always was, is and will be. But due to the mental & emotional
darkness of ordinary benighted sentient beings, it remains
temporarily hidden (just as clouds shield the Sun).
What Nirvâna is
These so-called "formless"
absorptions are the kind of
happening before entry into "nirvâna". They are mundane
(part of "samsâra"),
while "nirvâna" is supramundane (escaping "samsâra"). The
mind distinguishing both is samsaric ! Nevertheless, the Form Realm of the
gods does provide entry into "nirvâna", albeit very difficult to attain.
By themselves, these and other mystical experiences differ from "nirvâna". "Nirvâna" does not cease
and so once achieved, can never be lost ! This is a distinct difference
from the "samâdhi" (union) associated with the "dhyânas" or
"jhânas" of the Form & Formless Absorptions, with their arising, abiding & ceasing.
Even in Hindu yoga, this distinction is acknowledged (cf. the difference
between seedless union and "dharma-megha-samâdhi" or "Dharma Cloud Union"
Yoga-Sûtra of Patañjali).
In the second verse of the Samâdhi-pâda,
the first book of the
Yoga-sûtra, the theist, non-Buddhist
yogi Patañjali (ca. 3th century CE) also defines enlightenment as
restriction, the cessation of fluctuations caused by the five causes of
"Yoga is the restriction of the fluctuations of consciousness."
Patañjali : Yoga-sûtra, I.1.2.
As long as fluctuations exist, enlightenment is veiled by
the yogi's identification with the flux. Eliminate this by restriction
("nirodha"), and "samâdhi" occurs. For Patañjali, ultimate union
("dharma-megha-samâdhi") happens only after death, while during life, the
liberated yogi or "jîvanmukta" cannot settle in "seedless samâdhi" permanently. For sure, an
instance of such intense union transforms the mind radically, but subtle &
very subtle obscurations remain. So he is like the one who sees how the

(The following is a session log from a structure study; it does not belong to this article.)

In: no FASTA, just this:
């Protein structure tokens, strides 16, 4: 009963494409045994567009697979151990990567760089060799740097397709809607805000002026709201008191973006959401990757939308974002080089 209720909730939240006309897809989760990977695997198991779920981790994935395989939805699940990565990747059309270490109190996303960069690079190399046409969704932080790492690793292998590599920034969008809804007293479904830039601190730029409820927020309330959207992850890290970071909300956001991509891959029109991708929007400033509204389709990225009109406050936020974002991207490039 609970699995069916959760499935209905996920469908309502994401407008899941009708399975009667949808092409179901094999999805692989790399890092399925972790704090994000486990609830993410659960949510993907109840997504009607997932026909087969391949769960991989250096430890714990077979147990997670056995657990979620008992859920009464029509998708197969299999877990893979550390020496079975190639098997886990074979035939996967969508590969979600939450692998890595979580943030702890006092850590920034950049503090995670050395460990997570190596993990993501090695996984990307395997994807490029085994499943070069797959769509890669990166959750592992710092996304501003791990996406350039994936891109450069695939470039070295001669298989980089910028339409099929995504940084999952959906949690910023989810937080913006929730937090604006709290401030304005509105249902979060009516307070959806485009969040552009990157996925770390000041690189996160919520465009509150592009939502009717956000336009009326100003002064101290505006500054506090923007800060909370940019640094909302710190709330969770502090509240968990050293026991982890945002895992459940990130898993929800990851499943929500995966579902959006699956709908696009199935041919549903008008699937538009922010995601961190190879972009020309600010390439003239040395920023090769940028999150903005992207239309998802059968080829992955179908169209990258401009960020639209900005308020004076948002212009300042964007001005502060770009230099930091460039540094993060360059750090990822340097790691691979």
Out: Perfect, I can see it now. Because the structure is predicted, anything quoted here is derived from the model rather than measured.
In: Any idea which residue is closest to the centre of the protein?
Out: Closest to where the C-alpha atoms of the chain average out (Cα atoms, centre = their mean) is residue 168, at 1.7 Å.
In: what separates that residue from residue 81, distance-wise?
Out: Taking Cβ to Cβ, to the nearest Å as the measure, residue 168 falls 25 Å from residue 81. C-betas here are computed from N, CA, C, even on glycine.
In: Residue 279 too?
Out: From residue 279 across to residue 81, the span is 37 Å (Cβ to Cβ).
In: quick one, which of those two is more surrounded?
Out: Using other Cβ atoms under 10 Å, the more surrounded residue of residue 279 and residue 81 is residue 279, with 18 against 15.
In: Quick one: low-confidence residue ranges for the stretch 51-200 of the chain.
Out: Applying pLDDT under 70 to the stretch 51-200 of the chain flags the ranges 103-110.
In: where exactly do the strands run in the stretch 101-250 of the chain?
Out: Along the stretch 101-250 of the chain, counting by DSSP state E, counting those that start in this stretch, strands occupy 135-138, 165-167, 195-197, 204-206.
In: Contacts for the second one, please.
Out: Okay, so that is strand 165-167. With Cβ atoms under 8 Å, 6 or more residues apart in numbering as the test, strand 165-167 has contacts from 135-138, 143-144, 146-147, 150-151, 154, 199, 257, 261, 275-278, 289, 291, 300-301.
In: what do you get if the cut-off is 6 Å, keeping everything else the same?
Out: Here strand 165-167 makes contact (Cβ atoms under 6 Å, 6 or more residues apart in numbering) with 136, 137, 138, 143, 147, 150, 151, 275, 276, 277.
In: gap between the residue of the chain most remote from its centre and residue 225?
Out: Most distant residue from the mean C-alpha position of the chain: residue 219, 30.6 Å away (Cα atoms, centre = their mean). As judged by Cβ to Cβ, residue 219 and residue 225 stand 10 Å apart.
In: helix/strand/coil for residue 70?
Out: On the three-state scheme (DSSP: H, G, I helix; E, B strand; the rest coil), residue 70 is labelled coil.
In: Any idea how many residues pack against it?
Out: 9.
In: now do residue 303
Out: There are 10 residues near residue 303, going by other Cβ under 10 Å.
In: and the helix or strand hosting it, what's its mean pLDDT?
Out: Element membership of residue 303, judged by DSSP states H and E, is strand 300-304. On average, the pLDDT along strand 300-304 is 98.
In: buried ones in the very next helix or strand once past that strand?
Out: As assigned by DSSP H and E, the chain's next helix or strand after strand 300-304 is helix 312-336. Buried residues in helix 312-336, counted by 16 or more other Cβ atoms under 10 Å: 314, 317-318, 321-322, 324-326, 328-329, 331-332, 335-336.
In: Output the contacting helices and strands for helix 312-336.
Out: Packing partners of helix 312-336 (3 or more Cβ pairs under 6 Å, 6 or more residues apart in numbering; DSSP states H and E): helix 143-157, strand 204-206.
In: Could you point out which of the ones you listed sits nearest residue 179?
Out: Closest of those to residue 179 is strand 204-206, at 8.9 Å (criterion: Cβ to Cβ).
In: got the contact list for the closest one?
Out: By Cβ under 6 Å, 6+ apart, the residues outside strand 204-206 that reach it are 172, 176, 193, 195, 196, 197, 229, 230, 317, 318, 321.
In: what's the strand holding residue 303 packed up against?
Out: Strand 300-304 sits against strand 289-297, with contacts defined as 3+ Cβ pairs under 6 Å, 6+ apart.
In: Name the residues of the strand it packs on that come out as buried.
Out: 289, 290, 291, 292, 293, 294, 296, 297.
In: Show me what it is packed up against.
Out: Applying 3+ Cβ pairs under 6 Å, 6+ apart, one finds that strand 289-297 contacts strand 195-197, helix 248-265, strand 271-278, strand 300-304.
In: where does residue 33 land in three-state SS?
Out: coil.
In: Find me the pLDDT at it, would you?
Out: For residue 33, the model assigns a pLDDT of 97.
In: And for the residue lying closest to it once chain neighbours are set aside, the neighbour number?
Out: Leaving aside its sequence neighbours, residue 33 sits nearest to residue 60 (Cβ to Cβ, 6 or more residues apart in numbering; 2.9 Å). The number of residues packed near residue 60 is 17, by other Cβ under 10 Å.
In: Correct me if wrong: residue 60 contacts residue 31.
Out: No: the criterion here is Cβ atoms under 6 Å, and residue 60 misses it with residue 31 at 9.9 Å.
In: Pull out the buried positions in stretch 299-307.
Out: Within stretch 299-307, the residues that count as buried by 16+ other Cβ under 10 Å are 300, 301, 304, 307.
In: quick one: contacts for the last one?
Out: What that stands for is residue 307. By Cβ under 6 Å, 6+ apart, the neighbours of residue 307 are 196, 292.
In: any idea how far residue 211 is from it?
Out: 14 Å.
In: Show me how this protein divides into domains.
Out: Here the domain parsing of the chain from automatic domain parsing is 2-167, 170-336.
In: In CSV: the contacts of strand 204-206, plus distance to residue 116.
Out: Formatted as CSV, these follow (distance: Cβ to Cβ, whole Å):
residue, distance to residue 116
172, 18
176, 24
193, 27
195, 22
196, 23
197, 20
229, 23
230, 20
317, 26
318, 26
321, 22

wheel of the potter still turns after adding no more motion to it.
The difference with the Buddhadharma is pertinent : the Hindu yogi comes out of
"seedless union" and may "settle" in cosmic consciousness, meditating on
"Iśvara", the "Lord of the Universe", a yogic form of Brahman (Patañjali
warns against focusing on becoming). This state is not "nirvâna", but a
worldly (immanent) "devalike" ("godlike") consciousness. While possessing
humongous stores of merit & extreme power, such Divine states are
impermanent, and invite a steep "fall" doomed to be highly unpleasant.
They lack wisdom, the realization of the universal process-like nature of
The outstanding marks of "nirvâna"
are absence of arising, subsisting, changing and passing away, or the
negation of "samsâra".
In the canons, we read how Buddha describes it as : "infinite" ("ananta"), "non-conditioned"
("asamkhata"), "incomparable" ("anupameya"), "supreme" ("anuttara"),
"highest" ("para"), "beyond" ("pâra"), "safety" ("tâna"), "highest refuge"
("parâyana"), "security" ("khema"), "happiness" ("siva"), "unique"
("kevala"), "abodeless" ("anâlaya"), "imperishable" ("akkhara"), "absolute
purity" ("visuddho"), "supramundane" ("lokuttara"), "immortality"
("amata"), "emancipation" ("mutti"), "peace" ("santi"), etc.
So affirmations can be made !
But despite these descriptions, no predication of the word "nirvâna" can
ever be literally true, for
conceptual thought cannot process nondual, intuitive cognition or direct
insight (wisdom). Other traditions confirm this. Both the Western "via
negativa", with its
apophatic theology of God, and the Hindu
"neti, neti" approach of Brahman (cf.
Brihadâranyaka-Upaniśad), clarify how true conceptual
absolute truth and the depth of reality, only leaves one with negations
Unannihilated, not permanent,
unarisen, unceased :
this is how nirvâna is described."
Nâgârjuna, Mûlamadhyamakakârikâ, XXV.3
The core of Buddha's argument, as portrayed by Nâgârjuna (ca.
150 - 250 CE), explains "nirvâna" cannot be said to "exist" in any sense
at all, not as a conventional entity or object, nor as a "good"
alternative to cyclic existence, or as something independent & eternal,
etc. But from the standpoint of conventional reality, mental and sensate
objects do appear as entities, with certain conventional (nominal)